The 44th entry in the Ed McBain series of police procedurals offers two main storylines. In the first, Carella and Meyer investigate two cases of attempted murder against one person and two related deaths; in the second we carry on the story from the previous book in the series, Widows, following the trial of the men who murdered Carella’s father. Along the way we get digressions on racial disquiet, the Chicago mob, and the lacunae at the heart of the American justice system. But the author is still trying out new twists and turns too …
I submit this review for Patti’s Friday’s Forgotten Books meme hosted today by Todd Mason at Sweet Freedom.
Kiss (87th Precinct series #44)
First Published: 1992
Leading players: Steve Carella, Meyer Meyer, Fat Ollie Weeks, Andy Parker, Cotton Hawes, Bert Kling, Nellie Brand, Monaghan & Monroe
“Detective/Third Grade Randall Wade looked as mean as tight underwear.”
The new year begins pretty badly for Emma Bowles when she is thrown in the path of a subway train and then a few days later almost hit by a speeding car. So, naturally, she goes to the 87th to report that somebody is trying to kill her – and she knows who the perpetrator is too! This could be the easiest case even for Carella and Meyer … except that when they track down the potential suspect, he is discovered shot and hanged in a basement. At the same time, Carella and his family sit though the ordeal of the trial of the man who killed his father, the endless sneaky legal tactics wearing down even the most indulgent supporter of the trial process. Both cases will end in unexpected ways and McBain tries out a nice new twist in the murder investigation, with mixed results …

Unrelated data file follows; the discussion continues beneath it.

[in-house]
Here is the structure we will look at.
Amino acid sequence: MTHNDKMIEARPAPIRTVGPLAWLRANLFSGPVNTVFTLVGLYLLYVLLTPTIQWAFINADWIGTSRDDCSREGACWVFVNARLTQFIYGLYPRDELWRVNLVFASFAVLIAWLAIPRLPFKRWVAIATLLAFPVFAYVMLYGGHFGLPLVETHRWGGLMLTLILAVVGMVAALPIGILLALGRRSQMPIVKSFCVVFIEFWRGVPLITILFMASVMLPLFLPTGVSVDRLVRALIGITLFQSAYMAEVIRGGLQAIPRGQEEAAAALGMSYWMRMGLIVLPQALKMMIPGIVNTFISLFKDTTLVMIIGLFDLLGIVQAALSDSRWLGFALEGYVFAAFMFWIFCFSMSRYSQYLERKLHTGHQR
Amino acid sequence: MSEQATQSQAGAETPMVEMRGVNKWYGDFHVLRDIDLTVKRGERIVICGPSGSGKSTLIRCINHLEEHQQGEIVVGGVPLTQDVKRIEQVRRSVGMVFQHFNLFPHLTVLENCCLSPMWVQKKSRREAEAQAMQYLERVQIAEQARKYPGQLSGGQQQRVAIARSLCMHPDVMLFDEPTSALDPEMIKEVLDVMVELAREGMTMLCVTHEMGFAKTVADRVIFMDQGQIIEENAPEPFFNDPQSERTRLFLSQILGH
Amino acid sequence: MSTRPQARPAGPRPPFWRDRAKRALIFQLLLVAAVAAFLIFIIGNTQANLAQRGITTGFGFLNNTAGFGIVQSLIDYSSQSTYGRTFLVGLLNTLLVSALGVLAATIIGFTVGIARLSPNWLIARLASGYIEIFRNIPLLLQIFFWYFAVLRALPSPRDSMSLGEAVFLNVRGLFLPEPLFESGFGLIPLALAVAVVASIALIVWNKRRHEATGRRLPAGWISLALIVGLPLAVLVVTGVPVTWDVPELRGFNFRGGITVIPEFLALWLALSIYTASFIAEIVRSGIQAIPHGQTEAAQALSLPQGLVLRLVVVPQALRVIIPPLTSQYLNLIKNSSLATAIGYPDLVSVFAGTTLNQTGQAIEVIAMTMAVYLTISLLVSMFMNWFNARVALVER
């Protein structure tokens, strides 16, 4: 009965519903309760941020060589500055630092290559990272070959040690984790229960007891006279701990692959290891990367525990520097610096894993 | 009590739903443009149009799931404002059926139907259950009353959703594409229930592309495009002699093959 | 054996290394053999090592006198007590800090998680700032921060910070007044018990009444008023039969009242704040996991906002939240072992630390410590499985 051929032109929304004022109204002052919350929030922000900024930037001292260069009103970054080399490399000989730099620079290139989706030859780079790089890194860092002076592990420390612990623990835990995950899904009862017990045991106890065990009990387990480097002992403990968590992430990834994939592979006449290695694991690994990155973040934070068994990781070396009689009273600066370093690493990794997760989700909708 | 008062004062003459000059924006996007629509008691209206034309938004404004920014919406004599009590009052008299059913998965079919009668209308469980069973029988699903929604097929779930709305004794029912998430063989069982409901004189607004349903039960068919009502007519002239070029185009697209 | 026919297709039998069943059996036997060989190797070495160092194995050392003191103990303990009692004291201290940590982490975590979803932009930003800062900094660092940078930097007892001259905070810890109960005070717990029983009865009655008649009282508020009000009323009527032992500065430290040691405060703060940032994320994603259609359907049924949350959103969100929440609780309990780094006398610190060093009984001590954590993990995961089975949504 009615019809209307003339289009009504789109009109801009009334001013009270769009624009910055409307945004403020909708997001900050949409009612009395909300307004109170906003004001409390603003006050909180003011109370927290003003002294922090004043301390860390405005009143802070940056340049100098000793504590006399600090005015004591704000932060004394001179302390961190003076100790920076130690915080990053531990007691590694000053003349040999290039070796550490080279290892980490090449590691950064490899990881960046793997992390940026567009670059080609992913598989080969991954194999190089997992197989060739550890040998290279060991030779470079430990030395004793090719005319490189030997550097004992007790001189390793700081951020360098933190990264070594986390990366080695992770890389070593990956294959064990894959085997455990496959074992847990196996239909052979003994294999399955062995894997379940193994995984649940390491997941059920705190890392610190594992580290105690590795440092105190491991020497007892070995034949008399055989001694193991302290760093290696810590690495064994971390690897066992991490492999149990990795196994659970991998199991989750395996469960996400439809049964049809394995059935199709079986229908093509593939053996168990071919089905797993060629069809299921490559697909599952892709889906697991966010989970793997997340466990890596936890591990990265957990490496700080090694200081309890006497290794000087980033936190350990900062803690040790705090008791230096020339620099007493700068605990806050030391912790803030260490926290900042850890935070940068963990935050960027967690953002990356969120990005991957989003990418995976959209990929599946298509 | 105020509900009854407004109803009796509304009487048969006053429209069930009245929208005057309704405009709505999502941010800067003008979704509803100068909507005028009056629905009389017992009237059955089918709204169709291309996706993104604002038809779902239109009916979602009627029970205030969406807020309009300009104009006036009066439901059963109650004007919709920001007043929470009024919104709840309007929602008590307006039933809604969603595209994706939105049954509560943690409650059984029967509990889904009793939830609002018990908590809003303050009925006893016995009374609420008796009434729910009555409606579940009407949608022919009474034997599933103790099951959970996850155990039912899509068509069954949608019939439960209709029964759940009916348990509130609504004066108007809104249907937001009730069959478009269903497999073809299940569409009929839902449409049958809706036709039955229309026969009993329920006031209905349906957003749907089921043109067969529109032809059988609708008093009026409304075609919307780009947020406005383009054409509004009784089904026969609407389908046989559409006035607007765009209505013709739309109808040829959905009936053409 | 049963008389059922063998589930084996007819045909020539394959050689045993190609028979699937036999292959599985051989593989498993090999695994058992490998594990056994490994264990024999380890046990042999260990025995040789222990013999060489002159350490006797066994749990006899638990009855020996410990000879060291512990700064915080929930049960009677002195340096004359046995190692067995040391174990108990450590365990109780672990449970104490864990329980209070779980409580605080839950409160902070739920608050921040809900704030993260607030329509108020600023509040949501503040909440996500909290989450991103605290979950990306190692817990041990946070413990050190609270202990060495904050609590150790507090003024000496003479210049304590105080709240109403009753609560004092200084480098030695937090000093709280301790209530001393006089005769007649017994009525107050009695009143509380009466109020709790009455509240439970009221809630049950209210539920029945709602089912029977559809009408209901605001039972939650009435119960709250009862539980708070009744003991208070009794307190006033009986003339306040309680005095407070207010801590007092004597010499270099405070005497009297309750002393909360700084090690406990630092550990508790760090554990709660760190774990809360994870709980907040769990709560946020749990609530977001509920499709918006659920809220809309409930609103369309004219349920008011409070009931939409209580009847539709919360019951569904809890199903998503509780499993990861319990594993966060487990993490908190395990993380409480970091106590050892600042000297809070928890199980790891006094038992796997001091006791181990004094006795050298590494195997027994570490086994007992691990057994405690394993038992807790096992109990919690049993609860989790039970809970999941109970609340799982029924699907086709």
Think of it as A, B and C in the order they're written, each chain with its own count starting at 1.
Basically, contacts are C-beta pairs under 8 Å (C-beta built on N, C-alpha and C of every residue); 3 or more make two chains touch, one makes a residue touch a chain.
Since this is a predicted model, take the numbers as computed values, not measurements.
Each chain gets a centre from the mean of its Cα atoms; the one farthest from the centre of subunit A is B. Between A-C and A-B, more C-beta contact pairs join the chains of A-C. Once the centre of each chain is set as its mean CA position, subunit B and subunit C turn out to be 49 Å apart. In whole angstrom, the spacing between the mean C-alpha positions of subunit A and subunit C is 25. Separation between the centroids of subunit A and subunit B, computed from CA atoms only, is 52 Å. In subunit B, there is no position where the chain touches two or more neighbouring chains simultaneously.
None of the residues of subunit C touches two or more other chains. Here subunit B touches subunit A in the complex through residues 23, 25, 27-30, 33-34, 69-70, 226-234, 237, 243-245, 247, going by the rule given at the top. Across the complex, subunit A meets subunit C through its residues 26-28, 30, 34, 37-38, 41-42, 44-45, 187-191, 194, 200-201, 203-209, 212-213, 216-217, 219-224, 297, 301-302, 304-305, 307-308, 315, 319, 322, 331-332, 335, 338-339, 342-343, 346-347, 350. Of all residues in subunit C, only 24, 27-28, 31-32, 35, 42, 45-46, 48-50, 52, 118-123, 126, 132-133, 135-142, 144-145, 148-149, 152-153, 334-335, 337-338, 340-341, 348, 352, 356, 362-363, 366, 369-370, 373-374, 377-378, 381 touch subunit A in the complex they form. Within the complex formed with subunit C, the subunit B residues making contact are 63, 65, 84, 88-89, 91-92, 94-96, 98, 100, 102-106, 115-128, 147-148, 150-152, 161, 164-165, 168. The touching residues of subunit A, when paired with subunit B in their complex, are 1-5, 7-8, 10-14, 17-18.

“Mrs Bowles,” he said. “Do you have any reason to believe your husband might want you dead?”
Even with two main plots, this is a volume that certainly belongs to the latter part of the 87th Precinct series. Every page is done professionally and the dialogue especially always reads extremely well but … there is also a lot of extra material here used primarily to reach the desired 300-page length. Some of it does provides some depth for the characters (such as a flashback to when Emma and her husband first met); and there is some really nice material devoted to the Carella family traditions too, especially in a sequence devoted tot he rituals around New Year’s Eve, though McBain, aka Salvatore Lombino, seems to have forgotten his Italian in some cases (we get ‘i creaturi’ instead of ‘le creature’ and ‘sfogliatelli’ instead of ‘sfogliatelle’). And then of course there are scenes included just to provide some humour, such as when Carella has another of his perennial bad encounter with an officious telephone operators (boy, McBain must have really hated those people.
There are fun references to earlier books, in this case the 1972 classic, Sadie When She Died, and a few elements, such as the references to racial tension and graffiti artists, that will pay off only in the next in the series, Mischief (review coming next month to Fedora). However, one has to admit, quite often we go through pages ,and pages, and pages, and get nowhere not fast enough.So, had this been published 20 years earlier, it would have run to 170 pages and worked very well indeed – here it all feels a bit bloated … so very much half marks for this one.
You can check out my reviews of all the previous volumes at my 87 Precinct microsite.